Pair of Lidded Chestnut Bowls (marronnières à ozier)

Object Details

Title:

Pair of Lidded Chestnut Bowls (marronnières à ozier)

Artist/Maker(s):

Modeled by François-Firmin Dufresne (or Fresne) (French, active 1756 - 1767)

or modeled by François-Denis Roger (French, about 1755 - 1784, active in soft-paste until 1772)

Sèvres Manufactory (French, active 1756 - present)

Culture:

French

Place(s):

Sèvres, France (Place created)

Date:

about 1760

Medium:

Soft-paste porcelain; bleu céleste ground color; polychrome enamel decoration; gilding

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Roasted and peeled chestnuts were a particular delicacy in the 1700s, served as a dessert with a coating of icing in bowls such as this pair. Factories generally sold the bowls singly, though they also came in pairs as part of a dinner or dessert service.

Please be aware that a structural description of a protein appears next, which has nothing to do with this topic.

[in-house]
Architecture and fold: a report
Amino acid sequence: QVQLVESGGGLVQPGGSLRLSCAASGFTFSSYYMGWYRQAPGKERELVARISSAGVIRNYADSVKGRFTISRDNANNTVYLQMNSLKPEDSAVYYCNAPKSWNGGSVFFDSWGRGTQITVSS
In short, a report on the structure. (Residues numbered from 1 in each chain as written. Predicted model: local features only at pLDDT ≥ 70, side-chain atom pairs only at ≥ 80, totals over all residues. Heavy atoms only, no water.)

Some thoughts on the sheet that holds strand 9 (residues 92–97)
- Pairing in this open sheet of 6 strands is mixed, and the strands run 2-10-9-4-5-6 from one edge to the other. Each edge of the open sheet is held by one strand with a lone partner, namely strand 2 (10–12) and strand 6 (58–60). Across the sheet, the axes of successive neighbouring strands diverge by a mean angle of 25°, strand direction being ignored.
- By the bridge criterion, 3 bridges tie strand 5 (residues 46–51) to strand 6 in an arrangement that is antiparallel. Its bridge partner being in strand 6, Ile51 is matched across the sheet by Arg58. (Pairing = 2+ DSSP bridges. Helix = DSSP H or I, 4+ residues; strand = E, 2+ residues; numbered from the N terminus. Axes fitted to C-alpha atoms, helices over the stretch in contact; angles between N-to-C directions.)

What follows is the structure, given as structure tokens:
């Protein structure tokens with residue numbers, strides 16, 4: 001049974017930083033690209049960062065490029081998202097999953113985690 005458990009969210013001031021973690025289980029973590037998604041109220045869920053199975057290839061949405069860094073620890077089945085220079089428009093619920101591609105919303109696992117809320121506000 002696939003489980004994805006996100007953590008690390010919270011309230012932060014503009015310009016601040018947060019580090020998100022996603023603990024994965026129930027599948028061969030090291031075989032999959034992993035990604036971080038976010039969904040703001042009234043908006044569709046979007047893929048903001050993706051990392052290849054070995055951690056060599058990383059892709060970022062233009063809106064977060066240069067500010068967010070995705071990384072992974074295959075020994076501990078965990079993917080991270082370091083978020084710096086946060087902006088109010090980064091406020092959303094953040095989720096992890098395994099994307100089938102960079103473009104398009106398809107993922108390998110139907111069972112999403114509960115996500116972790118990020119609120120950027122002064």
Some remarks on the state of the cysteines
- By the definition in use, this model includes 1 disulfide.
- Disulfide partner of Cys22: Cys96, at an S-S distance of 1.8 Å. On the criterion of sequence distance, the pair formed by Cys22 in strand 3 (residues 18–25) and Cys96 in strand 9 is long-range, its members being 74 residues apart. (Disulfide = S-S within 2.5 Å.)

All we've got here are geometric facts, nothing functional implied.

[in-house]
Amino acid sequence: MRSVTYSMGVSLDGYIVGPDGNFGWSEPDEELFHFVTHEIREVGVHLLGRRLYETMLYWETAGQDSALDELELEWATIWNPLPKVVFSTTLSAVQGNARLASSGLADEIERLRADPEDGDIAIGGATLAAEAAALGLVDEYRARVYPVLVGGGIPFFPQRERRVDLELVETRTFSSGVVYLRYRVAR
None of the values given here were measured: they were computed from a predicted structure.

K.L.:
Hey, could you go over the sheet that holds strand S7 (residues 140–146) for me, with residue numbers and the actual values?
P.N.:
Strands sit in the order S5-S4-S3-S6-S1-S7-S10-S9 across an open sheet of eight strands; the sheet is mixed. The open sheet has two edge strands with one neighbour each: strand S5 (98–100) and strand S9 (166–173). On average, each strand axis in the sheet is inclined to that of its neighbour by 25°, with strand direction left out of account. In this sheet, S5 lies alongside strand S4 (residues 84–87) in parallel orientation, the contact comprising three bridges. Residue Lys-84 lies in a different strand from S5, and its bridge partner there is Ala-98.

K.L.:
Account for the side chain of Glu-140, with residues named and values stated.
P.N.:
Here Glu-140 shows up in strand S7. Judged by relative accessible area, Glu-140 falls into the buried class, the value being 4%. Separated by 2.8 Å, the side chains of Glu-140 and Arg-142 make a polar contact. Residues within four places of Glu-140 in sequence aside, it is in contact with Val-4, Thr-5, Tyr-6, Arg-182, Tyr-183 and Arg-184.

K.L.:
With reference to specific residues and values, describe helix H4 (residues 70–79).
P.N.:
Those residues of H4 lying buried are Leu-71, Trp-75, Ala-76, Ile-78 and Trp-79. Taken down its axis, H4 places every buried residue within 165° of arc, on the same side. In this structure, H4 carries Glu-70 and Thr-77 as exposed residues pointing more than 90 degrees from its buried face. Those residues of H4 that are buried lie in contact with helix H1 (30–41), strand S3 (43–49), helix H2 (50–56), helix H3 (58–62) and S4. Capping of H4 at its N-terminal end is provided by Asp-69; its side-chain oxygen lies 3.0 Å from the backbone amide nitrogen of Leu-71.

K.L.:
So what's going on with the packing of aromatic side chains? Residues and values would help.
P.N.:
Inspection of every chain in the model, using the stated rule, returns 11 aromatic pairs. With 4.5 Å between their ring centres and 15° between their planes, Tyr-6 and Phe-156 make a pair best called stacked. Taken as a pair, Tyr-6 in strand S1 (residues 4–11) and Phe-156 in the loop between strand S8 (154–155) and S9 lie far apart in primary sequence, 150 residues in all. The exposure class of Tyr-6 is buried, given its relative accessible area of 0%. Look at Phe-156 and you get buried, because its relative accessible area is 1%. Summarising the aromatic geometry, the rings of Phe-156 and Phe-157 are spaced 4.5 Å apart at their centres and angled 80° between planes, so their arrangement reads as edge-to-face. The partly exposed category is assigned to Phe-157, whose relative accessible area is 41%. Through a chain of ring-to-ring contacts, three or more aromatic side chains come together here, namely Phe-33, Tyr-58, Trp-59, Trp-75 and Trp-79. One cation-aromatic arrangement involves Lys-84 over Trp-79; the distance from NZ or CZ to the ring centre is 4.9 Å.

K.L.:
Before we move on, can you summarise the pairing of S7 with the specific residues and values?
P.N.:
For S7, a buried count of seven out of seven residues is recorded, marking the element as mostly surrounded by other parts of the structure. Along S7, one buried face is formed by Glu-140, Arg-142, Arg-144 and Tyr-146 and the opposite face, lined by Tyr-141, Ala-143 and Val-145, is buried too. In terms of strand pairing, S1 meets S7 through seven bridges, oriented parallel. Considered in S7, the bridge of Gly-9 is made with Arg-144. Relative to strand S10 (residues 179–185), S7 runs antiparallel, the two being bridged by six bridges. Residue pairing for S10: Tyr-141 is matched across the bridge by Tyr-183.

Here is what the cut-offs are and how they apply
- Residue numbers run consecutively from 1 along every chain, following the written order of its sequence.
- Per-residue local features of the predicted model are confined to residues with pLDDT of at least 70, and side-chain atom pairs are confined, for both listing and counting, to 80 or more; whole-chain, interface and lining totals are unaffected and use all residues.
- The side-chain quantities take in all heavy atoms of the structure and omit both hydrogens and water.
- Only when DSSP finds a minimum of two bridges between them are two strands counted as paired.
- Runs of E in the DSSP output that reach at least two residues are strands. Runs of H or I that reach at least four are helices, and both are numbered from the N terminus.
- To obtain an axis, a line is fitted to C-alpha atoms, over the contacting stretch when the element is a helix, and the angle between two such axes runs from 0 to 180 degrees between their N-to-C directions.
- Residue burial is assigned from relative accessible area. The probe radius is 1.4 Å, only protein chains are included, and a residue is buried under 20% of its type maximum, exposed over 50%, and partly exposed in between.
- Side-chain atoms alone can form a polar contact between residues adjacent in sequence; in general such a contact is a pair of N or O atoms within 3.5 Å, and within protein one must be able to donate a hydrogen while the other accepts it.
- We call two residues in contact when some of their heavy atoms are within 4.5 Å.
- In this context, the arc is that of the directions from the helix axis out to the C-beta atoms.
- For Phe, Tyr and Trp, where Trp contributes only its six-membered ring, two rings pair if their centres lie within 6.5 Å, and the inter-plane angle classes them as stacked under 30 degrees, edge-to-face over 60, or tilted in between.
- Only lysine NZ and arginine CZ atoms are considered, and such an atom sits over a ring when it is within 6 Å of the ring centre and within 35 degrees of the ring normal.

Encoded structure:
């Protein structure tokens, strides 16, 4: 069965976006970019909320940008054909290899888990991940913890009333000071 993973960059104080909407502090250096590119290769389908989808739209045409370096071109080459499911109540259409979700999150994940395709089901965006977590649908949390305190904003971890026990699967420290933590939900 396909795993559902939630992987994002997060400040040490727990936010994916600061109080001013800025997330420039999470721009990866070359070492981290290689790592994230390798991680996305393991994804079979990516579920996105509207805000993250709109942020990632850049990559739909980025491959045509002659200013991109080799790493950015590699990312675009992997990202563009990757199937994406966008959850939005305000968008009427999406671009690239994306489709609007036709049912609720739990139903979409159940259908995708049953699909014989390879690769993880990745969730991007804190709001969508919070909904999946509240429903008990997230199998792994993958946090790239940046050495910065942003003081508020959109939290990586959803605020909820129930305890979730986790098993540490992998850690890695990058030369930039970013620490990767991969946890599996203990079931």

The Sèvres porcelain manufactory's stock books list several different designs for chestnut bowls. For bowls with pierced decoration, such as this pair, customers would have to pay nearly twice as much as for less intricate examples. It took all the skills of the kiln manager to prevent the sides from separating or sagging each time the piece was fired. He would have fired this pair three times, once for the porcelain body and the ground color, once for the enameled colors, and once for the gilding.